Young Australians Have Little Or No Idea About How Food Gets To Them From Farms

The Queen Victoria Market in Melbourne. Scott Barbour/Getty Images

Most city teenagers don’t really know where their food comes from, according to a study.

The research commissioned by agricultural banking specialist Rabobank shows 77% of those surveyed know “a little” or “nothing at all” about farming and food production.

It also found:

  • 17% have never been on a farm. Overall two-thirds visited a farm less than three times in their life.
  • 68% don’t know, or know only a little, about how food gets from farm to plate.
  • More than 90%, however, see farming and food production as very important to Australia.

The study, conducted by House of Brand for Rabobank, surveyed 600 students aged 15 to 18, from Sydney, Melbourne, Brisbane, Adelaide and Perth.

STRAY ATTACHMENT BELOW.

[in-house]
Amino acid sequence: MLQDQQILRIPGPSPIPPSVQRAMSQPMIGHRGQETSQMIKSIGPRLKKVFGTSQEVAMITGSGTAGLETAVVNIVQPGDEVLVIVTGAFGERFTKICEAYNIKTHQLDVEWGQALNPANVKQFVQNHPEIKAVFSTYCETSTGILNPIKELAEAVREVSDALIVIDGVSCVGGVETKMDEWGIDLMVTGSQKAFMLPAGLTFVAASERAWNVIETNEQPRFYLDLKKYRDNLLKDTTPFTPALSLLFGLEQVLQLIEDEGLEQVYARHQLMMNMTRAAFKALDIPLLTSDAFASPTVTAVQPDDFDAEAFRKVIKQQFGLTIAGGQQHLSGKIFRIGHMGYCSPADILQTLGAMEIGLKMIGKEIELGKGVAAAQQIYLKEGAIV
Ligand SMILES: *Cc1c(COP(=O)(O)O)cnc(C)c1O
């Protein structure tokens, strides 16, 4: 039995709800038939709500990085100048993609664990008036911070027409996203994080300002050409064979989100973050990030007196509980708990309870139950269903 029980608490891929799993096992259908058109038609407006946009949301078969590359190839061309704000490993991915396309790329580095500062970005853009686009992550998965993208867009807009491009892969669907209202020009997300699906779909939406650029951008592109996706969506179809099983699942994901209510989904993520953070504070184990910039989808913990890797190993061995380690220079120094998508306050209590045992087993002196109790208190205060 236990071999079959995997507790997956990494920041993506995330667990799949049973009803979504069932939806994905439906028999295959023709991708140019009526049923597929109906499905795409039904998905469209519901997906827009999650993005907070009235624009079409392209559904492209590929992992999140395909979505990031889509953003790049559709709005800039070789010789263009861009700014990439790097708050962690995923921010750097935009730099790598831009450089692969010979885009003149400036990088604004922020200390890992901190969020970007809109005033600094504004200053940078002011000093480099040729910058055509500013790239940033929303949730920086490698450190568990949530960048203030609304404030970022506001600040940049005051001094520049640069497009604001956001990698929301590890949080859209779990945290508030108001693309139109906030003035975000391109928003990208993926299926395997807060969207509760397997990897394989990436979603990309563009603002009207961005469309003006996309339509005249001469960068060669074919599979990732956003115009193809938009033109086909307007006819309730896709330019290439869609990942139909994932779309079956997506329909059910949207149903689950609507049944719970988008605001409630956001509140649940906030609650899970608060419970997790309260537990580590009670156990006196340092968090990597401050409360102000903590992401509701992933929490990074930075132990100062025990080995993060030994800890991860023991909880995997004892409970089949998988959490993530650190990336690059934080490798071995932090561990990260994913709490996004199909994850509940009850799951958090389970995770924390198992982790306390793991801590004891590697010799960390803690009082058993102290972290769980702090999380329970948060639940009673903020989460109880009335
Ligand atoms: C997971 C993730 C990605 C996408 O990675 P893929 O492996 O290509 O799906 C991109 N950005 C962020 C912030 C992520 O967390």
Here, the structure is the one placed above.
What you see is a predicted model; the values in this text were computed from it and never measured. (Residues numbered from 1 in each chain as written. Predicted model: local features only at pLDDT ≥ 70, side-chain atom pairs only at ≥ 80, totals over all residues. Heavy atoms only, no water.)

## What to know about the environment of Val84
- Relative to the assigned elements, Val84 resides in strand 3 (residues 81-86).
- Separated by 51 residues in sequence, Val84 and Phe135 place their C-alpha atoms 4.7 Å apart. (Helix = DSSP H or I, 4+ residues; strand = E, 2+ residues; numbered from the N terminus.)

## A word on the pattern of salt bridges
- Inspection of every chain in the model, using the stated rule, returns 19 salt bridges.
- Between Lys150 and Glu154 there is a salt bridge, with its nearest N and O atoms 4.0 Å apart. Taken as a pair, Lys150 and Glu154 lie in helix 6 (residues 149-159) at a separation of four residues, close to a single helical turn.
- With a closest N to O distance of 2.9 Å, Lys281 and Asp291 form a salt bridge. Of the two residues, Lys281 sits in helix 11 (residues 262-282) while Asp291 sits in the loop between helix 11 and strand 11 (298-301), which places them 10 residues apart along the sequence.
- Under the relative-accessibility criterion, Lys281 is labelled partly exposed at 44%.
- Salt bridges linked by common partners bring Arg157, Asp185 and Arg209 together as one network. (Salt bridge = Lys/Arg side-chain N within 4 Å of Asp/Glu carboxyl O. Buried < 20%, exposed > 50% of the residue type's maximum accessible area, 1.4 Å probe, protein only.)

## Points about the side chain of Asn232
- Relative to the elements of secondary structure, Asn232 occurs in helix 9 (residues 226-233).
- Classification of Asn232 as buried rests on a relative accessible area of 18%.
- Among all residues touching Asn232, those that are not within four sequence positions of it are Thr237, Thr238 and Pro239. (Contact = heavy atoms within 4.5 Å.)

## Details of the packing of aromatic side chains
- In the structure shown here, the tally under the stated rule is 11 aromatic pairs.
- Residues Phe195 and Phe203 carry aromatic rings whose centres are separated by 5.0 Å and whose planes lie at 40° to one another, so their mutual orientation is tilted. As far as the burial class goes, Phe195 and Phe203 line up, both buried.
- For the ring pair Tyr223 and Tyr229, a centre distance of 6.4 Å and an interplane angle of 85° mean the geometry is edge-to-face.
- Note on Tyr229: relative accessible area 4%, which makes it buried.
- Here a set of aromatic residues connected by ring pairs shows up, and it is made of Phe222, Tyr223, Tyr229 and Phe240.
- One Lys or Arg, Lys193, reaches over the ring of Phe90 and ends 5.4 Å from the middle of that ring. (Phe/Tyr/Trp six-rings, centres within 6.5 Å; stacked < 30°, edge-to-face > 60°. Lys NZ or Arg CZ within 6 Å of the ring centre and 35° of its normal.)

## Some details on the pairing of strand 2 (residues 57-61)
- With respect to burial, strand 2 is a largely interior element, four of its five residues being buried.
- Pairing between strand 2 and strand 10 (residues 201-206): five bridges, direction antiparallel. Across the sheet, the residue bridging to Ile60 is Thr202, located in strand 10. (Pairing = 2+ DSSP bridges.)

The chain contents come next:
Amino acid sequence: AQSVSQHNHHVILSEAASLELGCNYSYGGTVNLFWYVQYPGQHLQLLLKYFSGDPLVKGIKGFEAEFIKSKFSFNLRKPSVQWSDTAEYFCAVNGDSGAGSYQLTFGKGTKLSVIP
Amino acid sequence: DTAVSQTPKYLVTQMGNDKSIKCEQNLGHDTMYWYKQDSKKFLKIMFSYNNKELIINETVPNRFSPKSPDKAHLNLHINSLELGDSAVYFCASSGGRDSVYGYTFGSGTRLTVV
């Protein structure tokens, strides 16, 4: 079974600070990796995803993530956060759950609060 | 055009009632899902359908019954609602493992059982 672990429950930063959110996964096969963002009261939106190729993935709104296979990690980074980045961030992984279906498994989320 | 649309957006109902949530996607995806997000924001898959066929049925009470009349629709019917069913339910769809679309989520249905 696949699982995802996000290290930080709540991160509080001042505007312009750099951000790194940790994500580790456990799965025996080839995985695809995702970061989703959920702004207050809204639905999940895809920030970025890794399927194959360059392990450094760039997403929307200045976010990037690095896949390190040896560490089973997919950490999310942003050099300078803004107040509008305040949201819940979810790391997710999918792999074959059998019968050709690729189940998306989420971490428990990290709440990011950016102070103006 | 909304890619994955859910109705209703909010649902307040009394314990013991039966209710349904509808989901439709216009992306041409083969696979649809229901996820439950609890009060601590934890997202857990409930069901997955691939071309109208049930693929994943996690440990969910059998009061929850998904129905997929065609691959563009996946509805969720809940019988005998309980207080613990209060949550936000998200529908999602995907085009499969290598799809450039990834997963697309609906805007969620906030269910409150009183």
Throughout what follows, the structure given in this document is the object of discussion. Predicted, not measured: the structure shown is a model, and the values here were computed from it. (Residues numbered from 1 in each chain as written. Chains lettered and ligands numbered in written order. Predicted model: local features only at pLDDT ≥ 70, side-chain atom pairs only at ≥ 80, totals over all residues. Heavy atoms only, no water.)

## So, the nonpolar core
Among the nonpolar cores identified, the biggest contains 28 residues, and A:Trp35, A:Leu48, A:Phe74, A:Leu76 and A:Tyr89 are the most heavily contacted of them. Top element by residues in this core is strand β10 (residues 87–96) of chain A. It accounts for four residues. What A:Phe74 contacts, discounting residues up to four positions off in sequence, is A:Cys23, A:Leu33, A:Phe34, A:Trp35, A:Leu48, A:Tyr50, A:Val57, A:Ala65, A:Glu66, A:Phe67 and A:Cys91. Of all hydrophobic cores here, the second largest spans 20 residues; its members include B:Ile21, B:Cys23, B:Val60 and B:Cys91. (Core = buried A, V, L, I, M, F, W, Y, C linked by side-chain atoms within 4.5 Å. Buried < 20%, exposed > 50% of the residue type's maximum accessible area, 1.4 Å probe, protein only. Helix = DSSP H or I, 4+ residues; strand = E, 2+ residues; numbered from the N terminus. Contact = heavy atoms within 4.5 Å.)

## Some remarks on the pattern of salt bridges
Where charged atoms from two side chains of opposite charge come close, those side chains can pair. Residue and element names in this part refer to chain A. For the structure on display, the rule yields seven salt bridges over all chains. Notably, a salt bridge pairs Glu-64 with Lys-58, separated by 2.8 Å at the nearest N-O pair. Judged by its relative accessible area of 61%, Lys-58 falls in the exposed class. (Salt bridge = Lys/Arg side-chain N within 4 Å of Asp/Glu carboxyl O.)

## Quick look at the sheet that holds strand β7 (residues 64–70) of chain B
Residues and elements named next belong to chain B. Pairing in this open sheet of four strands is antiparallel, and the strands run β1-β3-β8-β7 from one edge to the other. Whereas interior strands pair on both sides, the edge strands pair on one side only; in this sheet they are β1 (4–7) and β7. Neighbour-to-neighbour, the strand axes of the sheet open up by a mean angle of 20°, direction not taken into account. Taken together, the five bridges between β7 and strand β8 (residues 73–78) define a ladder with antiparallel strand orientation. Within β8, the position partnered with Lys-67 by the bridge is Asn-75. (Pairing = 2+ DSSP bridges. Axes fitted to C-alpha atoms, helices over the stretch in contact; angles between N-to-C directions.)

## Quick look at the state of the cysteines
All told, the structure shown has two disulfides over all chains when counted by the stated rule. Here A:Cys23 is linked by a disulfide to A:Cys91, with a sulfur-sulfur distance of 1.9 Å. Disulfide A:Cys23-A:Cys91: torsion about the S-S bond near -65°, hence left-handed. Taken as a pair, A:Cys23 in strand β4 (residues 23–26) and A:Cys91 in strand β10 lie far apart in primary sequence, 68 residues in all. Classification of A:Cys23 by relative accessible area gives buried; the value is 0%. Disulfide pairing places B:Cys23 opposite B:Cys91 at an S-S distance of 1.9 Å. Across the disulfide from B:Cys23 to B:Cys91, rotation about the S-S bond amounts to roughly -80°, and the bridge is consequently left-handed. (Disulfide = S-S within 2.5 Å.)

Rabobank Australia and New Zealand head of Sustainable Business Development Marc Oostdijk says the research showed a concerning knowledge gap among Australian youth when it comes to agriculture and food production.

Mr Oostdijk says while there was generally low awareness of the food production process among the teenagers, it was more acute once produce and ingredients had left the farm.

“When it comes to what happens to the ingredients and produce once they leave the farm, 28 per cent of respondents says they know nothing about this and 47 per cent says they only know ‘a little bit’,” he says.

However, 60% believed farming was “extremely important” to Australia and 39% says the impact would be “significant” if there was no farming in Australia.

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